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24 January 2012
A Deakin University Professor has called on Australians, particularly young Australians and those living in rural areas, to say what they would like to see as a Head of State now and in the future?
"It is over a decade since Australians were asked to vote on the republic but the question was cleverly confused by the then Prime Minister, John Howard, who deflected the question from not if we wanted a republic, which most still said 'yes' to, but whether we wanted a republican head of state to be chosen by parliament," said workshop organiser and Director of the University's Centre for Citizenship, Development and Human Rights, Professor Damien Kingsbury.
"This workshop on Saturday, February 4, will explore what we want from our head of state," Professor Kingsbury said, and how we want them to be chosen."
The Lord Mayor of Melbourne Robert Doyle will open the workshop while Senator Lisa Singh will give the keynote address.
Former politician and Ambassador, Amanda Vanstone will lead a question and answer panel.
The workshop will be hosted by Deakin University and the Australian Republican Movement.
Professor Kingsbury, who has a passionate interest in how we shape our national identity (and who played a pivotal role in bringing peace to Aceh) encouraged those who couldn't attend to have a say via the Faculty of Arts' Facebook page and twitter feed.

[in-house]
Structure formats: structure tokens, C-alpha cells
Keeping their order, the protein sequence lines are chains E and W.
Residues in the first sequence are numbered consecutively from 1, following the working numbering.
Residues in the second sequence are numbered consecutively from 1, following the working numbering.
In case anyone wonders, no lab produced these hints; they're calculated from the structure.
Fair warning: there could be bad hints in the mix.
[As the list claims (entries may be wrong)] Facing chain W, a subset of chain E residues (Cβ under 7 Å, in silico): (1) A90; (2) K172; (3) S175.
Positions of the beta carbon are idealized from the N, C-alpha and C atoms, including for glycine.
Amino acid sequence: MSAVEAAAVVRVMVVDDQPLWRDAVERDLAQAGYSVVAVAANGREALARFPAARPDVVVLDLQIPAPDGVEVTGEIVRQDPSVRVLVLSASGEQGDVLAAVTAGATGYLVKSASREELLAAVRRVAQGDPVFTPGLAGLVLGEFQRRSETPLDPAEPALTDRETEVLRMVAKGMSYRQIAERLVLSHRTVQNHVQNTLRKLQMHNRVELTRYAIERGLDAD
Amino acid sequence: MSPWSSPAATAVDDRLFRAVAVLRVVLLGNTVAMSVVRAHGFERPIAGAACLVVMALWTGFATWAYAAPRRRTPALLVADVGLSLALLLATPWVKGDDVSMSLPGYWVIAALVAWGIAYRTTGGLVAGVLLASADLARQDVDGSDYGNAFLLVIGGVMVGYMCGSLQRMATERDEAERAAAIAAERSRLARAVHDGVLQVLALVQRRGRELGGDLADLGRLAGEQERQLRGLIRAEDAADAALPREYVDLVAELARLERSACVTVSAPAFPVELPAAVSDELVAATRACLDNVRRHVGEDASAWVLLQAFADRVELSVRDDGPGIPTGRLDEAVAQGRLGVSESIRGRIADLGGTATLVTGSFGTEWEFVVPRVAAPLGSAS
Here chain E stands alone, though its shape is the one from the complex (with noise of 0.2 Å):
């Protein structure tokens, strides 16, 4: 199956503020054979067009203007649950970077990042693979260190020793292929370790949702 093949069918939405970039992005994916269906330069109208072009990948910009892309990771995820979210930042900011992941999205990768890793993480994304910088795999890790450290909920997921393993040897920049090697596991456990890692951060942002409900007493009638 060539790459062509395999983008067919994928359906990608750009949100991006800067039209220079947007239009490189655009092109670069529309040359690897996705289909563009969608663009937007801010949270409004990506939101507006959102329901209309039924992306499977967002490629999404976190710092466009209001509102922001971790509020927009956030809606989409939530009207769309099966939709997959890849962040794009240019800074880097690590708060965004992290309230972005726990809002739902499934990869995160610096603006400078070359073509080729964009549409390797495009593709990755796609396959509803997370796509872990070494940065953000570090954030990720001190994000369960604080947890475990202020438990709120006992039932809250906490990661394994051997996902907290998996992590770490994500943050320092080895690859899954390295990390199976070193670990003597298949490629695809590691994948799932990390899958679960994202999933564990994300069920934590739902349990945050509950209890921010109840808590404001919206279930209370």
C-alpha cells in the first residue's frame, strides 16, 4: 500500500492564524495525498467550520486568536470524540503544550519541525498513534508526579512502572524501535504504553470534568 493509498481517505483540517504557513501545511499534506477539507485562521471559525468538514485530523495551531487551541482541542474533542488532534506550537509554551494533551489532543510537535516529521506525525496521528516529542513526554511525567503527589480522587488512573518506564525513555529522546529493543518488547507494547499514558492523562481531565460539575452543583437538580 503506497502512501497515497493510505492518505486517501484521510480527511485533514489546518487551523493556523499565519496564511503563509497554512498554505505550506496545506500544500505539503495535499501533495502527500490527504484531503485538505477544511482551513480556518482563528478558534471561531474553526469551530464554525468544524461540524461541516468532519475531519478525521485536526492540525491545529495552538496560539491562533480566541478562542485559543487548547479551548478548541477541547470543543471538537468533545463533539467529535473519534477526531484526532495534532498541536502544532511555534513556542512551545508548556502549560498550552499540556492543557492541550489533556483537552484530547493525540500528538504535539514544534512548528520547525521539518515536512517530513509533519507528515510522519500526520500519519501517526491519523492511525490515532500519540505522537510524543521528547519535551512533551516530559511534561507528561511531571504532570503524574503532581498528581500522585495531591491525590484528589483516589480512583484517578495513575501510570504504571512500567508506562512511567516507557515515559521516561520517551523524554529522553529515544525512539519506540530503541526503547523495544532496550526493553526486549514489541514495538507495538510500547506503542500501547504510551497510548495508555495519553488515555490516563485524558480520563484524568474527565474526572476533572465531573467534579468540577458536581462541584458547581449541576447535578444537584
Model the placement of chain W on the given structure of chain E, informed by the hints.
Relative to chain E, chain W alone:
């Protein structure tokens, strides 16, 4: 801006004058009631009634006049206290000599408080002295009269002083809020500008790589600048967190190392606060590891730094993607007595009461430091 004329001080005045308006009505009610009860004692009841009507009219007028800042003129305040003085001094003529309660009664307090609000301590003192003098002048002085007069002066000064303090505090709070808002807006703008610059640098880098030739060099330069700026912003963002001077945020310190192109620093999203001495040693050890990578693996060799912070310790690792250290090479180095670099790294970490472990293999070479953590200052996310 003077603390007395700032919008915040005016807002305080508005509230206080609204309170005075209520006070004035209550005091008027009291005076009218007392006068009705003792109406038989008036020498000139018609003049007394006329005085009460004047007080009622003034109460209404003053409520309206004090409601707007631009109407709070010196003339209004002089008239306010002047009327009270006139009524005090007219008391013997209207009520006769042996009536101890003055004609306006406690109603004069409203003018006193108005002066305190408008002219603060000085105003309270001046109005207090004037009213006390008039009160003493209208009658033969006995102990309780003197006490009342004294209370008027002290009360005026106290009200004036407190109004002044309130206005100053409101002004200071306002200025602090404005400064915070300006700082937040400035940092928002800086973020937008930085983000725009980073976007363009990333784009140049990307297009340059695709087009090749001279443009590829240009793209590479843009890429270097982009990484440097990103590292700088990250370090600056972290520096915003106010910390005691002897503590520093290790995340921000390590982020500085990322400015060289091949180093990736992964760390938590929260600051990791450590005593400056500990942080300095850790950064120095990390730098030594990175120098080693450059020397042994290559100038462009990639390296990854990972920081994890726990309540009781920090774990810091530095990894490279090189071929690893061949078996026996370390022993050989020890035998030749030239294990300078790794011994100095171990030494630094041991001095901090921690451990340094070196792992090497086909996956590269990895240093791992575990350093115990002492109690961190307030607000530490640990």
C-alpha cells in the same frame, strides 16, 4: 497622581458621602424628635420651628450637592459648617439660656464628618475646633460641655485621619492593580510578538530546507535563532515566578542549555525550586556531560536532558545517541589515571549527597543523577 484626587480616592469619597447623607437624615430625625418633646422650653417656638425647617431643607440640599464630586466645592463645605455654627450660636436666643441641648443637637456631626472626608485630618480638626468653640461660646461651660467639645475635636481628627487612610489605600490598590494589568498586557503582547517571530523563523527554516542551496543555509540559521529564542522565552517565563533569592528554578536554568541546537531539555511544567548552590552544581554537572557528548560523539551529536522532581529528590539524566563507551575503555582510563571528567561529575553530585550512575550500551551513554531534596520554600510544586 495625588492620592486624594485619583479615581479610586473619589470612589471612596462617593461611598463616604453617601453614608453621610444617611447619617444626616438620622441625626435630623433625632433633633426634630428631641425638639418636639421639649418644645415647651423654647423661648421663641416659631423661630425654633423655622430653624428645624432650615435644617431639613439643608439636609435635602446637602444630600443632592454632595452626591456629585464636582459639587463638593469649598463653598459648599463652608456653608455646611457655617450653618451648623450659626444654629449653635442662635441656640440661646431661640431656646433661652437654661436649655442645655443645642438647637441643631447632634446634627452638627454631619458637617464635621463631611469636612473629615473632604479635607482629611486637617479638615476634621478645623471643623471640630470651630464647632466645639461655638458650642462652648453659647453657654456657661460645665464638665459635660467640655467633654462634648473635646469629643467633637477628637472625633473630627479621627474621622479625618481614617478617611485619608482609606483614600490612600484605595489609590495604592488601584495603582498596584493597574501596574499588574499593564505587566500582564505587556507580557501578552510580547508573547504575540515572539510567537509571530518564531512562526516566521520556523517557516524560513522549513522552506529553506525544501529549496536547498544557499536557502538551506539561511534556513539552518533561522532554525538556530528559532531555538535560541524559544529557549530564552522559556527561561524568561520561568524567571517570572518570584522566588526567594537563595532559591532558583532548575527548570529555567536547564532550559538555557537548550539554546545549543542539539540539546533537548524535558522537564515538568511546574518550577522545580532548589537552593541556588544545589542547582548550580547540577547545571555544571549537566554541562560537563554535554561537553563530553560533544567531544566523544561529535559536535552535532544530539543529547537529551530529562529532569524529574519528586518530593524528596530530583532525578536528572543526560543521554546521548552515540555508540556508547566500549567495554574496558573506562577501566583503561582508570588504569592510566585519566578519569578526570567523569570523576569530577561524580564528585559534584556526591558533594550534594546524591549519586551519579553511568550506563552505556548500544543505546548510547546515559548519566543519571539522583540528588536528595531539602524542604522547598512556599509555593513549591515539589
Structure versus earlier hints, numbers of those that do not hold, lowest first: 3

"How we want to be governed is central to the type of society we want to live in," Professor Kingsbury said.
"One of the roles of a university is to create public discussion and debate and I hope the workshop will do this in its own small way.
"We are working to generate not just a discussion among workshop participants, but at the grass roots where it matters most - among all Australians and especially around Australia Day.
"Young people have a view about what and who their future head of state should look like and it will be exciting if they can directly tell us."
Speakers will include: John Power (Melbourne University) and Harshan Kumarasingham (Humboldt Institute), John Warhust (Australian National University), Glen Patmore (Melbourne University), Anne Twomey (Sydney University), Greg Barns and Henry Pill (Australian Republic Movement) and Daniel White (Australian Republic Movement).
Professor Kingsbury said other issues explored by workshop presenters will include:
• how other Westminster-style countries, in becoming republics, have dealt with the issue of reserve powers. How do they fare when a constitutional crises arises and what lessons can Australia learn.
• Whether the Wall Street protests and the Arab uprisings have anything to teach those pressing for a republic.
• Whether Australia can learn from the debates occurring in Canada and Jamaica about moving to a republic
• Expectations of a successful Head of State vary, but what would a day to day head of state look like in an Australian republic given widespread popular distaste for political office-holders, but equally widespread adulation for celebrities of all sorts.
• What key changes would be required in the constitution to usher in a Republic
• Whether Australia should follow Bulgaria, Croatia, Ireland, Lithuania, Macedonia, Mongolia, Poland, Portugal, Romania, Taiwan, Timor –Leste, Turkey in adopting a semi-presidential approach to its head of state
The workshop costs $50 for waged and $30 unwaged (includes catering).
Registration is essential
The workshop will be held in the Deakin University Melbourne City Centre, Level 3, 550 Bourke Street, Melbourne.
Deakin Media Relations
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